A Coherent Theory of Random Access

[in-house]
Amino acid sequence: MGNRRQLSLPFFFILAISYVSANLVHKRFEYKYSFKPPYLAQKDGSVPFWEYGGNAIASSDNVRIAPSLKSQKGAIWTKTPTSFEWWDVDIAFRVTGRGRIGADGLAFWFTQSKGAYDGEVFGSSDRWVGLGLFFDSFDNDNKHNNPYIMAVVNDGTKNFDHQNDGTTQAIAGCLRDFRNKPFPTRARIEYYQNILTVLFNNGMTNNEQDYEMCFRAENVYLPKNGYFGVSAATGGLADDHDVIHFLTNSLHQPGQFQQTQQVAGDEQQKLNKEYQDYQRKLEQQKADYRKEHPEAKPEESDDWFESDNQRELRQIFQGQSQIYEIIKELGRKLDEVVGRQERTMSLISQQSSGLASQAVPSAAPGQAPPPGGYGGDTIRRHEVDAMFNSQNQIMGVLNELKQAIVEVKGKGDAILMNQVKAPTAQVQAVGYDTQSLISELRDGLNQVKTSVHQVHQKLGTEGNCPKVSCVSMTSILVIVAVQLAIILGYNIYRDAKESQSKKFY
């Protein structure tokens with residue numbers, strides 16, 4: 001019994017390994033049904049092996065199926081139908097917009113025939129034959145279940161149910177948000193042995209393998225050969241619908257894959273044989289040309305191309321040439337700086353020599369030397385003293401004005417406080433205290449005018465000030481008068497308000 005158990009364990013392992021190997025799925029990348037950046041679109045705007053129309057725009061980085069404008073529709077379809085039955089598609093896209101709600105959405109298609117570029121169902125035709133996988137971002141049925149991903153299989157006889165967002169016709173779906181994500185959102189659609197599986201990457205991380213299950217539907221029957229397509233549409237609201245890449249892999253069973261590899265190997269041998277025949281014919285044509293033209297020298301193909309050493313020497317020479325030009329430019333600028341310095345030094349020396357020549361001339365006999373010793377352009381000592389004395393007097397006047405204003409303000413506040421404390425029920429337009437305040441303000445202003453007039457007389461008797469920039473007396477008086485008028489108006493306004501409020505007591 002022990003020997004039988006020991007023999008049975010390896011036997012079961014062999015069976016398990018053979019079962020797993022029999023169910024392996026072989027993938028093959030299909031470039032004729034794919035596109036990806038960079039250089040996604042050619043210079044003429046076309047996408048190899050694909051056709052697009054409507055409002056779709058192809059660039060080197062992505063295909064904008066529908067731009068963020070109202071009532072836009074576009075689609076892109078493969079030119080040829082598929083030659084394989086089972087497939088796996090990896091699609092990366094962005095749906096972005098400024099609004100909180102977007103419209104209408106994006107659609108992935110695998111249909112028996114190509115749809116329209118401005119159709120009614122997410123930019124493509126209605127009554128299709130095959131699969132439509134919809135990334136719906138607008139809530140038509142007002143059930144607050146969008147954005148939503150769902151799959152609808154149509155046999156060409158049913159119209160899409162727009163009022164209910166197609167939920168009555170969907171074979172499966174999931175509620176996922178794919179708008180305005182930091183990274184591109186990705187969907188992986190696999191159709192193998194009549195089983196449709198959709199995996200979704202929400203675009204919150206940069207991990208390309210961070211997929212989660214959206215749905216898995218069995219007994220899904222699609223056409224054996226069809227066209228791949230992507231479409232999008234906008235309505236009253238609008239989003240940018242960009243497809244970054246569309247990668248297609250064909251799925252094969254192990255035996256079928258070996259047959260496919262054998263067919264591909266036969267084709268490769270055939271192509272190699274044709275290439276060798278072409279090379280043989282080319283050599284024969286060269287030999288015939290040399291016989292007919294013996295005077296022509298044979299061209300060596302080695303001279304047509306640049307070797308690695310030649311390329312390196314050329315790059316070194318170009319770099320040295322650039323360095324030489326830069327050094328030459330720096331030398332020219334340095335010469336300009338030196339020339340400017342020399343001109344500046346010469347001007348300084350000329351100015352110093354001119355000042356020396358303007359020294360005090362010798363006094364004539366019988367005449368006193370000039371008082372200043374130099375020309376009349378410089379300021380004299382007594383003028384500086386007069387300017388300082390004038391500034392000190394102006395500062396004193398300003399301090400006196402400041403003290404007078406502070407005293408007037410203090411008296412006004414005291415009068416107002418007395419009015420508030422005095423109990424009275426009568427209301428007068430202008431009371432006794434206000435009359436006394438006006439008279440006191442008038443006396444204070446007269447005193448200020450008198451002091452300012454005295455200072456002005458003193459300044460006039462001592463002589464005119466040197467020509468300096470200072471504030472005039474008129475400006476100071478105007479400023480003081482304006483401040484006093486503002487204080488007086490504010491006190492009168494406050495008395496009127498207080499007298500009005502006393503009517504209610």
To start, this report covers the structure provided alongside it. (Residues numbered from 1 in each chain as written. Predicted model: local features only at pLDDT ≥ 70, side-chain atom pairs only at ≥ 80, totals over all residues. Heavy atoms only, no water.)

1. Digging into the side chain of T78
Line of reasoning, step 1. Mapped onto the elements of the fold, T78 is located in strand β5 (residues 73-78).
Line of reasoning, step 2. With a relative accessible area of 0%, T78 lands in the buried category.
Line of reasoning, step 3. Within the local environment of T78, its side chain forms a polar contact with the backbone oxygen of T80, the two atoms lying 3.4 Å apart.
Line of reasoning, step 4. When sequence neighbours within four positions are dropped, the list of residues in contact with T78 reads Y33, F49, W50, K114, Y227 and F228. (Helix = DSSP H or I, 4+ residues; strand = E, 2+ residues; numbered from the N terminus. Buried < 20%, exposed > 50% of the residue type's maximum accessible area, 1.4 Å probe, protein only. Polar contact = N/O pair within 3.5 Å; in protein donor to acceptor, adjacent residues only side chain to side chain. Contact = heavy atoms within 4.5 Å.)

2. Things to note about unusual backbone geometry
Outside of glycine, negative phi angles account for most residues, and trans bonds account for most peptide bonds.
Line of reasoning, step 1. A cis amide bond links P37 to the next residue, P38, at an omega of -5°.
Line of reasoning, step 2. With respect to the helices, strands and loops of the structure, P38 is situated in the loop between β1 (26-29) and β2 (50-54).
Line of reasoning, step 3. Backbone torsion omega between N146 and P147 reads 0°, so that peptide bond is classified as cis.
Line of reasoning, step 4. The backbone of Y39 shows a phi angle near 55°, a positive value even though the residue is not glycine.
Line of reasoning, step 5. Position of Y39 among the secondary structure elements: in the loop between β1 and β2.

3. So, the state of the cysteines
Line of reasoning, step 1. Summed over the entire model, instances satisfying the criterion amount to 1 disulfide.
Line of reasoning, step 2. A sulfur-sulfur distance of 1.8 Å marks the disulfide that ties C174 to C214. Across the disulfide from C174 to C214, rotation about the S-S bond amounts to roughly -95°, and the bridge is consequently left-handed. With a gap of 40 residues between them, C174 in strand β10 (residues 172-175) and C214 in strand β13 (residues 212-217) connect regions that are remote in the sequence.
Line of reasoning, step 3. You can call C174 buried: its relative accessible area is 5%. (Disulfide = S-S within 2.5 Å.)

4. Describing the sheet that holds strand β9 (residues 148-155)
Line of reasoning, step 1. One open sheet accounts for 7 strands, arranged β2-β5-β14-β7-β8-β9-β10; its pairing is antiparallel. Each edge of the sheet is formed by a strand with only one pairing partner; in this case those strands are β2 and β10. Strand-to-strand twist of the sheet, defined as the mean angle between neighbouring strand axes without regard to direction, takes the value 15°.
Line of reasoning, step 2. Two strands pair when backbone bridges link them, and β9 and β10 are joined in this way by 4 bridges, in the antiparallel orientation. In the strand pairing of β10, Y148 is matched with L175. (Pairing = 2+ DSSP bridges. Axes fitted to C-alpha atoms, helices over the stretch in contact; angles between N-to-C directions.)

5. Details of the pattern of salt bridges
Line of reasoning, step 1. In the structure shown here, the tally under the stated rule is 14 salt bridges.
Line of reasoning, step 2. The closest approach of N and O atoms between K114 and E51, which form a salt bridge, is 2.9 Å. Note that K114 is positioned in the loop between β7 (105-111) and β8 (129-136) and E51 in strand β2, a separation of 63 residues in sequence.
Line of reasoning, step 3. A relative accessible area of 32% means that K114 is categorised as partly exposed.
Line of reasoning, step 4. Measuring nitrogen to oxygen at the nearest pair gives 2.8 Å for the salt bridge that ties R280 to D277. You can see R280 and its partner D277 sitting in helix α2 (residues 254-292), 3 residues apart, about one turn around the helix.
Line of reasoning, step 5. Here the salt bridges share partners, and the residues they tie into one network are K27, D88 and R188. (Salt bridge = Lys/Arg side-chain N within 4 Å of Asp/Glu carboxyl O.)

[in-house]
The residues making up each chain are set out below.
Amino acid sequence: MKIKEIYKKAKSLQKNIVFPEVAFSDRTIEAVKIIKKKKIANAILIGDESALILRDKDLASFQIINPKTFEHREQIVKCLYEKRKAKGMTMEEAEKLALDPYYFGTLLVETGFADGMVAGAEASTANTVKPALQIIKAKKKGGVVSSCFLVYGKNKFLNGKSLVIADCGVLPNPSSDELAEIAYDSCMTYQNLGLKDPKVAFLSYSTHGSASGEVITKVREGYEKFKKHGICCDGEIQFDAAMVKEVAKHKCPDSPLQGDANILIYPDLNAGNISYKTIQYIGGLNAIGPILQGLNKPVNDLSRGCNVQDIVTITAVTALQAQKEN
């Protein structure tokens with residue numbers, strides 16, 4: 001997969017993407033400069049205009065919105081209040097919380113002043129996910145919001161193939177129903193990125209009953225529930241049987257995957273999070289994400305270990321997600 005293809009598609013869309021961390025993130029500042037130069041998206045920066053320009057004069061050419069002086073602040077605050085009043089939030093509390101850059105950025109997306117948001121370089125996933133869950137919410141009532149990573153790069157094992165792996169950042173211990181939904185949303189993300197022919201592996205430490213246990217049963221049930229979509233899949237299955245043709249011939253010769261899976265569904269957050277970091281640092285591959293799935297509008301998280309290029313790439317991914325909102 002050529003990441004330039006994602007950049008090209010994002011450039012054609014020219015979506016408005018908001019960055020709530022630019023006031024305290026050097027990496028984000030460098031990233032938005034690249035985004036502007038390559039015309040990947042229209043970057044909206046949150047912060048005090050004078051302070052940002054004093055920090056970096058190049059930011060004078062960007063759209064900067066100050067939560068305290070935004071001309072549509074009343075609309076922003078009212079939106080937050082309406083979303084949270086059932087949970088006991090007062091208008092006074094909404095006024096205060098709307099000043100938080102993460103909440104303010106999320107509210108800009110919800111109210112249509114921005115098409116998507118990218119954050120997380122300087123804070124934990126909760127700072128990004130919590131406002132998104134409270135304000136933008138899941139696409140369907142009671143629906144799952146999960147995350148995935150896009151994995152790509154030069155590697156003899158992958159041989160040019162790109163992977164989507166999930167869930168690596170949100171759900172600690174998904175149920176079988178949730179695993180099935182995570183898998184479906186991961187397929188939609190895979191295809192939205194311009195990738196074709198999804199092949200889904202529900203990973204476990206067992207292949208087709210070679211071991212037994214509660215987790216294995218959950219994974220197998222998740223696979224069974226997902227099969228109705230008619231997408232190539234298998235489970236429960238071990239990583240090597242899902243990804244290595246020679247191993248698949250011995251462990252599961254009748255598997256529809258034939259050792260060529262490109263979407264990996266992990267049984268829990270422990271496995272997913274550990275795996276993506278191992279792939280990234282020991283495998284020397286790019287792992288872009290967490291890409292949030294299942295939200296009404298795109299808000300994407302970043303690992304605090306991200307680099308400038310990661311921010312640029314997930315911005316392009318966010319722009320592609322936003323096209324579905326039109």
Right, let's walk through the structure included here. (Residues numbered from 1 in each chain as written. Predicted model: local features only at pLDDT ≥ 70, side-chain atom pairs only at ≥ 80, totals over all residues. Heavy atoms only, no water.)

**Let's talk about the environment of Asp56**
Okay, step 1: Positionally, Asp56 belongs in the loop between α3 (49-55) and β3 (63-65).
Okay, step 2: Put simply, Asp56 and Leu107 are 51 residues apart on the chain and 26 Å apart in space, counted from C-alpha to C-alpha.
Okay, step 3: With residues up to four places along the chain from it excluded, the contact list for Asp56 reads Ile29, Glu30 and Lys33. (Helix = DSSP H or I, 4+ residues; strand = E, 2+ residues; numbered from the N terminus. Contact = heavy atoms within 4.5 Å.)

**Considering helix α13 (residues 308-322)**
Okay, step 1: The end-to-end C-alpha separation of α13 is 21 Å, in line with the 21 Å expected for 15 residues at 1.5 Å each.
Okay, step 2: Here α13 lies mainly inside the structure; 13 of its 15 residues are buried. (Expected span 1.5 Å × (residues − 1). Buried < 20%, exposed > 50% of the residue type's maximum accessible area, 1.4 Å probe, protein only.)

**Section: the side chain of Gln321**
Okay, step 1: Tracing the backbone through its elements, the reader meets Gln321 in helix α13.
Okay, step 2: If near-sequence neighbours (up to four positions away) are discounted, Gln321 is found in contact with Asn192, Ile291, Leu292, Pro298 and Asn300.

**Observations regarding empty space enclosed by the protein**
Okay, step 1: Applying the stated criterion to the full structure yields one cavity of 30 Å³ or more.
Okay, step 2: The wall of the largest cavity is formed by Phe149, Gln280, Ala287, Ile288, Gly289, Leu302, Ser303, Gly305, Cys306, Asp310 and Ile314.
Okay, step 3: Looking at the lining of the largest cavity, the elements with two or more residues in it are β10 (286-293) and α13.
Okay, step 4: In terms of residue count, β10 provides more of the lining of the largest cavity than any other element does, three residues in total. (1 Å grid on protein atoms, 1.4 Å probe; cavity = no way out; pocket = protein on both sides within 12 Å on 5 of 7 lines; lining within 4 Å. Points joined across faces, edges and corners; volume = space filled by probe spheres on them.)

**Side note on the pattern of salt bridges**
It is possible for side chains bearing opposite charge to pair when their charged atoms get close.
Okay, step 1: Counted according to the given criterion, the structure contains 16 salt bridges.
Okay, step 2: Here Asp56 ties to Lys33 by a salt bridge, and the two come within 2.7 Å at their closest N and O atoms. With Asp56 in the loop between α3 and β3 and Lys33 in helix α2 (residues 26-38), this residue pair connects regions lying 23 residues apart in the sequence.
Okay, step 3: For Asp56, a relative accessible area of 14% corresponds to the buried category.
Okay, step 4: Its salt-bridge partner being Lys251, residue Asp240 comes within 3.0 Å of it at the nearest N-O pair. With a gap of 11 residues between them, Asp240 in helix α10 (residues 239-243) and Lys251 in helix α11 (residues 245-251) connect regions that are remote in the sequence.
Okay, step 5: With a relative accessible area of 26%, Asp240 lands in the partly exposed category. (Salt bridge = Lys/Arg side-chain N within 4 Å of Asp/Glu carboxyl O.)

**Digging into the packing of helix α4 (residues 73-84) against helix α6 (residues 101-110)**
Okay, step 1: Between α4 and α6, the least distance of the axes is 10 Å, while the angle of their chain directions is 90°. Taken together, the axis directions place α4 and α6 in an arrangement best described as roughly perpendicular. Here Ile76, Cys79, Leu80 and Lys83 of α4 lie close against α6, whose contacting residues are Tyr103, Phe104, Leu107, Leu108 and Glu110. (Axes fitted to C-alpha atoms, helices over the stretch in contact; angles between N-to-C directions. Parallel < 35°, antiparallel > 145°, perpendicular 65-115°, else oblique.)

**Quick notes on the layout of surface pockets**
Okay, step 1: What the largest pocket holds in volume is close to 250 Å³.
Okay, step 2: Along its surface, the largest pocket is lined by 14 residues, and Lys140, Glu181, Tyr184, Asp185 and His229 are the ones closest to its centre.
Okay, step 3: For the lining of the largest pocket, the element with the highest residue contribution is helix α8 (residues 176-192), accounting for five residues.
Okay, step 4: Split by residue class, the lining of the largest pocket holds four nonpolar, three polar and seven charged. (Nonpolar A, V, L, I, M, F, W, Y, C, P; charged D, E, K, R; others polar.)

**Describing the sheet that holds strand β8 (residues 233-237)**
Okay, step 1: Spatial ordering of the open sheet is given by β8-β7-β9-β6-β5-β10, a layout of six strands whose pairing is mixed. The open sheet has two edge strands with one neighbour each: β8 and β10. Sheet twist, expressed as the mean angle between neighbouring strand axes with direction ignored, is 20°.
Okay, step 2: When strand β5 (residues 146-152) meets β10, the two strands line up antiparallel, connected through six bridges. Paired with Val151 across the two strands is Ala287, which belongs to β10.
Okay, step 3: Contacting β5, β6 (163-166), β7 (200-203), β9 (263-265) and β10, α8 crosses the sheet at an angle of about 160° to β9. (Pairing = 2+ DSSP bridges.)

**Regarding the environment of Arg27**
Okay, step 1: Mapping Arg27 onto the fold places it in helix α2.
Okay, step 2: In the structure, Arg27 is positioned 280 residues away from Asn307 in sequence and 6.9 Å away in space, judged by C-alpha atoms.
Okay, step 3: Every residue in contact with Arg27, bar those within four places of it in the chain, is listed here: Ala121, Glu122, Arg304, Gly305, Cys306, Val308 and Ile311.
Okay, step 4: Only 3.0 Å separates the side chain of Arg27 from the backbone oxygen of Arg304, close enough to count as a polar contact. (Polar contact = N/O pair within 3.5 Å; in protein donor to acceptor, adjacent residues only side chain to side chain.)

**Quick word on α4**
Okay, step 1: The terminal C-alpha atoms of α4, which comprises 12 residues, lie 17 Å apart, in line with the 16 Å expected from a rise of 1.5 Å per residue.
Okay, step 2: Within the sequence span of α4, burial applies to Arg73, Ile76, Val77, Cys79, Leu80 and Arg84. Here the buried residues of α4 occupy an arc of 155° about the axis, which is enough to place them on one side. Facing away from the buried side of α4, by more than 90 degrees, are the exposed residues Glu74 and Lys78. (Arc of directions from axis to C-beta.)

Abstract: Random access provides a simple and elegantsolution for multiple users to share a common channel. Studies on random-accessprotocols date back to 1970s.With decades of extensive research, random accesshas found wide applications to various wireless networks including cellularnetworks, WiFi networks and sensor networks. The minimum coordination anddistributed control make it especially appealing for low-cost data networks. In sharp contrast to the simplicity inconcept, performance analysis of random-access networks has long been known asnotoriously difficult. Although it has been long observed that a random-accessnetwork may suffer from significant performance degradation when the networksize and/or traffic input rates increase, how to properly choose key systemparameters to optimize the network performance is little understood. In thistalk, I will introduce my recent work on modeling and performance optimizationof random-access networks. I will show that the key to performance analysis ofa random-access network lies in proper characterization of the service timedistributi on of each node’s queue. Based on the proposed node-centric model, aunified analytical framework can be established to characterize the fundamentallim its of random-access networks, and to evaluate effects of key parameters ona wide range of performance metrics in a systematic manner. I will conclude thetalk by demonstrating how to apply the proposed theory to guide the optimalaccess design of WiFi networks. Inthe end of my talk, I will also introduce the MSc/PHD programs of Department ofElectronic Engineering of City University of Hong Kong, and variousopportunities for scholarships. Prospective students are welcome to attend anddiscuss with me after the talk. Aboutthe speaker: Dr. Lin Dai received the B.S. degree fromHuazhong University of Science and Technology, Wuhan, China, and the M.S. andPh.D. degrees from Tsinghua University, Beijing, China, all in electronicengineering. She was a postdoctoral fellow at the Hong Kong University ofScience and Technology and University of Delaware. Since 2007, she has beenwith City University of Hong Kong, where she is currently an AssociateProfessor. She has broad interests in communicationsand networking theory, with special interests in wireless communications. Herrecent research work focuses on modeling, performance analysis and optimalaccess design of next-generation mobile communication systems. She was aco-recipient of the Best Paper Awardat the IEEE Wireless Communications and Networking Conference (WCNC) 2007 andthe IEEE Marconi Prize Paper Award(the annual Best Paper Award of IEEE Transactions on Wireless Communications)in 2009. She served as a co-chair of PHY Track ofIEEE WCNC 2013, and the leading co-chair of Wireless Communications Symposiumof IEEE ICC 2015. She received The President's Award of City University of HongKong in 2017. Since 2014, she has been serving as an editor for IEEETransactions on Wireless Communications , and an assistant dean of College ofScience and Engineering of City University of Hong Kong.